The semiconductor wafer etching device uses an RF etch in an argon atmosphere in combination with an array of fixed cobalt-samarium magnets which confine the resulting plasma to a double loop. A vertical shield with perforations to pass gas located along the edge of the wafer extends above and below the wafer to reduce uneven etching at the edges of the wafer.
These and further constructional and operational characteristics of the invention will be more evident from the detailed description given hereinafter with reference to the figures of the accompanying drawings which illustrate preferred embodiments by way of non-limiting examples.
FIG. 1 is a schematic partial section of the etching apparatus according to the invention.
FIG. 2 is a top view of a section of the magnet assembly.
FIG. 3 is a top view of the primary RF shield.
FIG. 4 is a top view of the second RF shield attached to the primary RF shield.
FIG. 5 is a sectional view of the assembly of FIG. 4.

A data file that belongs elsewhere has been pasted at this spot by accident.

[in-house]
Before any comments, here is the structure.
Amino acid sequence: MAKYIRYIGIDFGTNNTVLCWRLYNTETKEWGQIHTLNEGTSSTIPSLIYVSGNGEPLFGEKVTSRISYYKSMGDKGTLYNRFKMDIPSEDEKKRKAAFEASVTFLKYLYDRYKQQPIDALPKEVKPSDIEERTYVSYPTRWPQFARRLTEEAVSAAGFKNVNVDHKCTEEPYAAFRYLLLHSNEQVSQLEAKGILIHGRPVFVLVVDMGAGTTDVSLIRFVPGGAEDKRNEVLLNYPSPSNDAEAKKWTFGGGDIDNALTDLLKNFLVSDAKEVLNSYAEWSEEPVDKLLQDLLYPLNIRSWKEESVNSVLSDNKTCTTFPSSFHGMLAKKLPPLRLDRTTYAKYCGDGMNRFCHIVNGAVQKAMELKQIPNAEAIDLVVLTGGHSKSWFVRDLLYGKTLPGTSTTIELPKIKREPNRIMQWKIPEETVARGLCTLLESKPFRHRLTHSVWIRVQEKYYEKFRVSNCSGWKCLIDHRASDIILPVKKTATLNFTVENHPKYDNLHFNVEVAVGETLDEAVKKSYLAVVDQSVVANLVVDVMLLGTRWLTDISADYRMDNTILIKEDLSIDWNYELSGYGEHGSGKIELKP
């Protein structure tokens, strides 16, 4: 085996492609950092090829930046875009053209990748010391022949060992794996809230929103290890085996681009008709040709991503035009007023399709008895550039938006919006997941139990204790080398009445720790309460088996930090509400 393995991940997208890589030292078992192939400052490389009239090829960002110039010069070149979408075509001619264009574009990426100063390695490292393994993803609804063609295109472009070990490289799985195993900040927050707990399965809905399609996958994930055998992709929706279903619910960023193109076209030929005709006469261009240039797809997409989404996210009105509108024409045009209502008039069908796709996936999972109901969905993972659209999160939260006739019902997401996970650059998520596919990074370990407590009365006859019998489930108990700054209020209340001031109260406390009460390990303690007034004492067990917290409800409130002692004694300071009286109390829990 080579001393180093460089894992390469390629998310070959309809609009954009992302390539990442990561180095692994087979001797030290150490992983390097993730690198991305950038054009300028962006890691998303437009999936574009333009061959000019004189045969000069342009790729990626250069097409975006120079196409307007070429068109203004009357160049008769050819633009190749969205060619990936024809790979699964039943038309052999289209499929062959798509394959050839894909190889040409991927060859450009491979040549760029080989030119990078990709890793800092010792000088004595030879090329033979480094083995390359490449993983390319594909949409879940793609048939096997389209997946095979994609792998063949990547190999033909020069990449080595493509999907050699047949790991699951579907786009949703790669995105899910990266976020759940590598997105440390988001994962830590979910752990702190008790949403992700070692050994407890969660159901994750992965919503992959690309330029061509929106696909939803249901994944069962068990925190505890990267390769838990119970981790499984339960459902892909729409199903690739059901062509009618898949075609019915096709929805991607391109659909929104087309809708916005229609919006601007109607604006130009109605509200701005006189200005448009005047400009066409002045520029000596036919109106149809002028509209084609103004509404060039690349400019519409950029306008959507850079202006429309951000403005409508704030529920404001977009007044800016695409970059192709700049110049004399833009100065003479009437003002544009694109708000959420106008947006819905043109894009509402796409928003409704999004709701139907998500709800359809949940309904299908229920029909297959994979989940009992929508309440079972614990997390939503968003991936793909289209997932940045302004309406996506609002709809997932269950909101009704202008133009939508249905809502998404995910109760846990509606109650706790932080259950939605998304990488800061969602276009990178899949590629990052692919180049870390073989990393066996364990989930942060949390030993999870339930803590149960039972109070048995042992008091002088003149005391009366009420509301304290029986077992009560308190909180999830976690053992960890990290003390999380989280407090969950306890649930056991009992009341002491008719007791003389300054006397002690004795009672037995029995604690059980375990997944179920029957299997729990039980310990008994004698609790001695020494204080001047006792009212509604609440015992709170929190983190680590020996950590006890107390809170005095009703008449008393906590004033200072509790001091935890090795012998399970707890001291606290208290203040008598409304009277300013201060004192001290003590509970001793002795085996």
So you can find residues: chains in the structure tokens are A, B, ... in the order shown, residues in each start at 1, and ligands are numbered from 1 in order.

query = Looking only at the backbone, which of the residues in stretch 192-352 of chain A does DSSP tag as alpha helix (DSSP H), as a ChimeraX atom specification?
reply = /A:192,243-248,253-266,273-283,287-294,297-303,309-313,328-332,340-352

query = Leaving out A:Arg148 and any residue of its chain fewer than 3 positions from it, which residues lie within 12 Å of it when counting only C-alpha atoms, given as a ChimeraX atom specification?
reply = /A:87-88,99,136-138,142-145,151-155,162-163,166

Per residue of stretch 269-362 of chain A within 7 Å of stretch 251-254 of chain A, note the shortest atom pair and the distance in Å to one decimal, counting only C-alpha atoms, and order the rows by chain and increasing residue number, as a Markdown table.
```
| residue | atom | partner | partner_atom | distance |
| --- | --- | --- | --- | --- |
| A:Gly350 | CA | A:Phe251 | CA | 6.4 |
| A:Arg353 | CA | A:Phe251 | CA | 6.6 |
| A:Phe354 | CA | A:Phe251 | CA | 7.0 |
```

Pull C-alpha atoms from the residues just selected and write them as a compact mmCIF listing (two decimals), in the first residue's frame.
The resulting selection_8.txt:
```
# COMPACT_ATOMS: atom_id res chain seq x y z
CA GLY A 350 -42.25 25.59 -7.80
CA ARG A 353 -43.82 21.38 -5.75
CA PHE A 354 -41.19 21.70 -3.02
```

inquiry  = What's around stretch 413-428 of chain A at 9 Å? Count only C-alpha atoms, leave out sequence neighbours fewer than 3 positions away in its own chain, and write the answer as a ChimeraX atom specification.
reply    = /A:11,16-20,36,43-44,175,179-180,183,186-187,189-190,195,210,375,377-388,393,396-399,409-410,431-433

Referring now to the drawings wherein reference numerals are used to designate parts throughout the various figures thereof, there is shown in FIG. 1 the etching apparatus 10 according to the invention. The etching takes place in a chamber 12 from which air has been evacuated and into which a low pressure atmosphere of 3 to 15 microns of Argon gas is introduced. A wafer holder 14 is used to hold a semiconductor wafer 16 in place for the etching. The wafer holder 14 is made of a coaxial support 18 which supplies physical support and an electrical conductor 19 through its center. The electrical conductor is used to supply RF power at 13.5 Mhz and 1,500 volts peak-to-peak for etching to the wafer contact plate 20. An insulator 22 is provided around the wafer contact plate 20. A wafer table shield 24 of metal is provided around the insulator 22 and is electrically grounded through the outer layer of the support 18. Wafer support arms 26 are mounted on insulators 28 and are allowed to float electrically.